This loss of pressure as air moves faster and faster is also a loss of density. That means that the ratio of air to fuel changes, becoming steadily richer (containing more fuel in proportion to air) as intake airflow speeds up. All simple carburetors enrich as engine airflow moves faster through them. If uncorrected, this natural enriching tendency wastes fuel, and eventually the mixture becomes too rich to ignite.
A great many ingenious devices were invented to correct this natural enrichment—things such as spring-loaded air valves that let in extra air, or multiple fuel nozzles exposed in series as the air throttle opened—each one set leaner than
This is Keihin’s venerable CR, which has existed since the 1960s. As you see them here, four CRS have been “racked” into a unit, keeping them aligned, and greatly simplifying the task of making a singleor dual-throttle cable accurately control all four throttle slides. It was Gilera in Italy that first mounted carburetors this way. The CR, with its integral float bowl, was a huge step forward from the notalways-predictable fuel flow of carbs with separate float bowls.
the one before it. But the simple concept that worked best was to bleed some air into the fuel flow. The faster the fuel flowed, the more bleed air flowed along with it, and by sizing everything correctly, a constant ratio of fuel flow and airflow could be achieved.
If the operator suddenly opens the throttle to accelerate, the fuel is momentarily left behind because it is 640 times denser than air, resulting in momentary leanness. The engine either stumbles or cuts out completely. To prevent this, some carburetors included an acceleration pump, whose little piston, moving with the throttle, forcibly squirted fuel into the airflow to prevent momentary leanness.
Gasoline is a mixture of different hydrocarbons having a range of volatilities (ability to evaporate). At the temperature of a very cold engine, only about 10 percent of the fuel can evaporate, while the rest remains incombustible in liquid form. The result is a mixture too lean to fire. For cold starting, the mixture is enriched enough (by a choke, or starting carburetor) that there is enough volatile material evaporating to allow the engine to fire and start. As the engine warms up, its intake system becomes warmer, evaporating more and more of the fuel, allowing this temporary enrichment to be reduced until, with the engine at operating temperature, it is able to evaporate all the fuel flowing to it.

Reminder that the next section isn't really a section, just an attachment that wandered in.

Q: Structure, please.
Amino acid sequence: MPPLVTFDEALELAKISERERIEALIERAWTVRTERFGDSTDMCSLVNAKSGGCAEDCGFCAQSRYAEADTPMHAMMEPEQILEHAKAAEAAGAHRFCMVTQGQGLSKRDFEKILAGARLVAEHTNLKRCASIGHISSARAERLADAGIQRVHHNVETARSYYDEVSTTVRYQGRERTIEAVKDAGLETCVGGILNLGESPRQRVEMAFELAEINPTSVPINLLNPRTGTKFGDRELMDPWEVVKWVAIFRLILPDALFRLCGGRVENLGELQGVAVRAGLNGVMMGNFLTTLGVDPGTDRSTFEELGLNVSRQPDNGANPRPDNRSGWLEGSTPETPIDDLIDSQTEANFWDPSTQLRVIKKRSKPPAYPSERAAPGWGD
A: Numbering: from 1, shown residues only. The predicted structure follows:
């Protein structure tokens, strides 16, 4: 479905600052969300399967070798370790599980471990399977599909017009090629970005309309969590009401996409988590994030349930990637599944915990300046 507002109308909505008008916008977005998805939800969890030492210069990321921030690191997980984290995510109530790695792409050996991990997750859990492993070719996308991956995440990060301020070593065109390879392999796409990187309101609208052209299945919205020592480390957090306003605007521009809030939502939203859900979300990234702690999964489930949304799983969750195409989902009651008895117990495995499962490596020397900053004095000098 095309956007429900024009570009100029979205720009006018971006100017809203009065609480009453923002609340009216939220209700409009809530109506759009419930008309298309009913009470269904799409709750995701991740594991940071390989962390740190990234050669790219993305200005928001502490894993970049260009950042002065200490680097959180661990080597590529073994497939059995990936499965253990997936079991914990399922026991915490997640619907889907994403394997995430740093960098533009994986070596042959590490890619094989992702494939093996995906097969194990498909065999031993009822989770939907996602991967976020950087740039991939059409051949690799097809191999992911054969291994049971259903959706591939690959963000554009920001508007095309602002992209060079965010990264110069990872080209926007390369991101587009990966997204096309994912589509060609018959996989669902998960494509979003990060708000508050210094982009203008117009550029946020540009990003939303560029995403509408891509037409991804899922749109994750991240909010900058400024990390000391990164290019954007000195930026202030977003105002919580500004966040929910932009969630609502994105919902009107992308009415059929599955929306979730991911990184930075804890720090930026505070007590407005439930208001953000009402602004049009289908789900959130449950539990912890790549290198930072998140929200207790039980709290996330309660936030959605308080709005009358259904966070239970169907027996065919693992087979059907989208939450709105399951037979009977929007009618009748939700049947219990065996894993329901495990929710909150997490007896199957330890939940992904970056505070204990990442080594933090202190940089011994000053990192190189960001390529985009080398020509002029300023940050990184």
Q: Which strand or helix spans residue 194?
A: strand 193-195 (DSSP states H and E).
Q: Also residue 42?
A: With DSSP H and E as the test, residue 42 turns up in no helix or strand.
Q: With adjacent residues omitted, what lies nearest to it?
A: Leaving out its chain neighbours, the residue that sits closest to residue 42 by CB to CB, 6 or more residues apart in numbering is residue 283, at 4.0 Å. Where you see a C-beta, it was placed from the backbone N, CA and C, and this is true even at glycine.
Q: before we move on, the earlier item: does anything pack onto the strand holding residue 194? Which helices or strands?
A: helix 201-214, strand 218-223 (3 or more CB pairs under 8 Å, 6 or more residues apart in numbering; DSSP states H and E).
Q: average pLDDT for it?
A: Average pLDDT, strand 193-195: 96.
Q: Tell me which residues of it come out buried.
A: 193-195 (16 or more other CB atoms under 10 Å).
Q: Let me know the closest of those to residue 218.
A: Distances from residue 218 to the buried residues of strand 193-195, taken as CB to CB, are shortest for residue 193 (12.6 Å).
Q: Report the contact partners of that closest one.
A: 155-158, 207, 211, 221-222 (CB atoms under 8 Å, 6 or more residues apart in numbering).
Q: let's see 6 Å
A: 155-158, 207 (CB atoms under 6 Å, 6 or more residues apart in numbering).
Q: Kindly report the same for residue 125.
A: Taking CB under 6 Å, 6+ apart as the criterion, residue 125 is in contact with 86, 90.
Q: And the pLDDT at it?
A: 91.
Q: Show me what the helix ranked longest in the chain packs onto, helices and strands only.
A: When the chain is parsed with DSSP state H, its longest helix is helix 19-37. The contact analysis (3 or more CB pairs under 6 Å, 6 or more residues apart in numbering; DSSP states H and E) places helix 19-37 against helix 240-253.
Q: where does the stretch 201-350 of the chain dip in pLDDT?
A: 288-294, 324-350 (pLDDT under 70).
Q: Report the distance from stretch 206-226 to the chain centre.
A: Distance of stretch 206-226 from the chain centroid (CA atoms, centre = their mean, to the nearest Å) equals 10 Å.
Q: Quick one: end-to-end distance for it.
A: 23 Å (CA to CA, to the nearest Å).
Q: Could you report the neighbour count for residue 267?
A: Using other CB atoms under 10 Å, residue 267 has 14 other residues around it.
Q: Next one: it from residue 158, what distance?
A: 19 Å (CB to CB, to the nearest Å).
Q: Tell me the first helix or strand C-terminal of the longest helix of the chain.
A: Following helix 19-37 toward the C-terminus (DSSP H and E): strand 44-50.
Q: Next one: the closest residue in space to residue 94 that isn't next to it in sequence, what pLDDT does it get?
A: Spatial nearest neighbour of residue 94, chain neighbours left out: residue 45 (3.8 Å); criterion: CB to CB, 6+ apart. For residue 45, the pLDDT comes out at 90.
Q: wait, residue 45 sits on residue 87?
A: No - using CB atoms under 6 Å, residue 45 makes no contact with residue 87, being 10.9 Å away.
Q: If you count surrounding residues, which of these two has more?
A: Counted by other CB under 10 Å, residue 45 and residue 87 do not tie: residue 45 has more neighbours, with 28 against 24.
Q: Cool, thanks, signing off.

Carburetors at their best weren’t very good because, being passive devices, they could not compensate for changes in atmospheric density from weather, altitude, or humidity. They ran lean in winter and rich in summer—unless tuned for existing conditions by a human, adjusting fuel delivery by changing the sizes of fuel metering orifices, called jets. Today’s digital fuel systems are active, making such adjustments automatically. But carburetors are cheap and well-understood by the engineers who still employ them. They are also relatively simple and robust, and while they might not always operate at peak performance, they will function well enough to get a machine down the road even while far out of tune. They propelled the motoring world for nearly 100 years, the small devices that took a simple principle and carried it far into the future, and us along with them.
In 1977, Lectrons suddenly appeared on Kenny Roberts’ TZ750. Riders praised their part-throttle response and fine mixture formation. Yet they were a classic mass-production job, made of die castings assembled with self-tapping screws. The function was in the cylindrical needle, which instead of being tapered had one or more sloping flats ground onto its downstream side. With the needle located on the vacuum side of the slide, Lectrons had the strongest Venturi vacuum in the business. Transparent float bowls revealed the effects of carb vibration.